Date of Degree
PhD (Doctor of Philosophy)
Psychological and Quantitative Foundations
Severe traumatic brain injury (TBI) is a pervasive and devastating condition, often resulting in permanent alterations in cognition, behavior, and personality. As such, survivors of severe TBI usually rely on the assistance of caregivers to navigate situations of daily living throughout their life span. Spouses of individuals with TBI have been shown to experience greater levels of burden than parental caregivers of TBI survivors (Kreutzer et al., 1994; Mauss-Clum & Ryan, 1981) and subsequently rates of divorce and separation have been documented within the research literature to be high (Thomsen, 1984; Wood et al., 2005). Although marital breakdown has been frequently studied, research on marital satisfaction and coping within long-term marriages where one spouse has survived a severe TBI remains insufficient.
The purpose of this study was to provide a descriptive analysis of long-term spousal caregivers of individuals with severe TBI. First, demographic variables of caregiving spouses of individuals with severe TBI, who remained married at least 10 years post injury, were described and comparisons to other spousal caregiver samples were addressed. Second, the relationship between marital adjustment and demographic variables, coping, and quality of life was examined. Finally, an analysis of primary stressors was conducted to better understand the caregiving spouses' continued experience of stressors.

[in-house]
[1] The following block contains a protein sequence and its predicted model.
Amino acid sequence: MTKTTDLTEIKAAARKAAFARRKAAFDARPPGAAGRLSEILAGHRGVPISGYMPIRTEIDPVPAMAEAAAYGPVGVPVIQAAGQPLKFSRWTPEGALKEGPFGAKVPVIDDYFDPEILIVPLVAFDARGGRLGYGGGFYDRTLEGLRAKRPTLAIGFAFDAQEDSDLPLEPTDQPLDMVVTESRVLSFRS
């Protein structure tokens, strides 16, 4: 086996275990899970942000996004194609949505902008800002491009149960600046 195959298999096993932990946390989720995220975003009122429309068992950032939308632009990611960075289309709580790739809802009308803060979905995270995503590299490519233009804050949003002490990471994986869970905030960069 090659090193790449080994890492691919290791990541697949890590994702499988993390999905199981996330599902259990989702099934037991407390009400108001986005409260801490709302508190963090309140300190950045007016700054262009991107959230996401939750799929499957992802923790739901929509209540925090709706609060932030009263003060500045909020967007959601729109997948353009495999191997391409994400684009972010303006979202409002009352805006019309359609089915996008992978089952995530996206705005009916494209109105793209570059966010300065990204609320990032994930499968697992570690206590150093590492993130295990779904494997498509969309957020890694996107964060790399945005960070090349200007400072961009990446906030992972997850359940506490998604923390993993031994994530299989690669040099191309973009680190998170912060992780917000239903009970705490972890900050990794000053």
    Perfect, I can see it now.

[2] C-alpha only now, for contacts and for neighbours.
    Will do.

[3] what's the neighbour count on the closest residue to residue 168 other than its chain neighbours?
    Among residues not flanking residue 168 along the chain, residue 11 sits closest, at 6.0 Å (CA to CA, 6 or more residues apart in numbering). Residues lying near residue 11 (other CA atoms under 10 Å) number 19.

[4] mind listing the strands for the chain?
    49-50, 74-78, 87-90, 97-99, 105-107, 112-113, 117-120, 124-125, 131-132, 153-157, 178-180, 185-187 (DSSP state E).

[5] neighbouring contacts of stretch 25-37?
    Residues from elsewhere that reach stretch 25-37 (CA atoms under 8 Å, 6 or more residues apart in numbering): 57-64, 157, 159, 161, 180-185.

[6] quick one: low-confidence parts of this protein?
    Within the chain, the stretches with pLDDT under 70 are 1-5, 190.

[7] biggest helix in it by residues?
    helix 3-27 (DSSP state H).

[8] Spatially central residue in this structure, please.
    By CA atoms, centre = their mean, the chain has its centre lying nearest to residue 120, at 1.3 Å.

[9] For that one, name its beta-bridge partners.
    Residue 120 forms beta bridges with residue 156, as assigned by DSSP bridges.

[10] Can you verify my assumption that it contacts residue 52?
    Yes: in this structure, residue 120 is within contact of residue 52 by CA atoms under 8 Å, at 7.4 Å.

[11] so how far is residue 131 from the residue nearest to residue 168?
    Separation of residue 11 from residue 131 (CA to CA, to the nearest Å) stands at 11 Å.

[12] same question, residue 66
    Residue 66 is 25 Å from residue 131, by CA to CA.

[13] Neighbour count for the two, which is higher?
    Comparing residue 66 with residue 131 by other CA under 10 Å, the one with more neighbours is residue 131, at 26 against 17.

Twenty-one spousal caregivers who remained married for at least 10 years post injury to their spouse who sustained a severe TBI participated in the study. Analyses revealed that spouses had remained married an average of 19 years post-injury and in general were mildly dissatisfied within their marriages. Furthermore, marital adjustment (Dyadic Adjustment Scale total score) of long-term spousal caregivers of severe TBI was not significantly different than spousal caregivers of individuals with chronic illness. Higher marital satisfaction scores were associated with higher endorsement of emotion-focused coping strategies and greater mental health quality of life. In addition, marital satisfaction was positively associated with the longevity of the marital relationship, the age of the spouse at the time of the injury, and the length of the marriage at the time when the injury was sustained. As expected, higher scores of marital satisfaction were associated with higher levels of mental health quality of life. There were no significant relationships between physical health quality of life and marital satisfaction. An analysis of primary stressors show that long-term caregiving spouses continue to report similar types of stressors as indicated in the research literature from caregiving spouses during the first 5 to 8 years post injury. Findings were discussed in relation to implications for practice and additional research.
Coping strategies, long-term caregiving, Marital Satisfacation, Spousal Caregivers, Traumatic Brain Injury
ix, 139 pages
Includes bibliographical references (pages 125-139).
Copyright 2013 JoAnna Lynn Arguello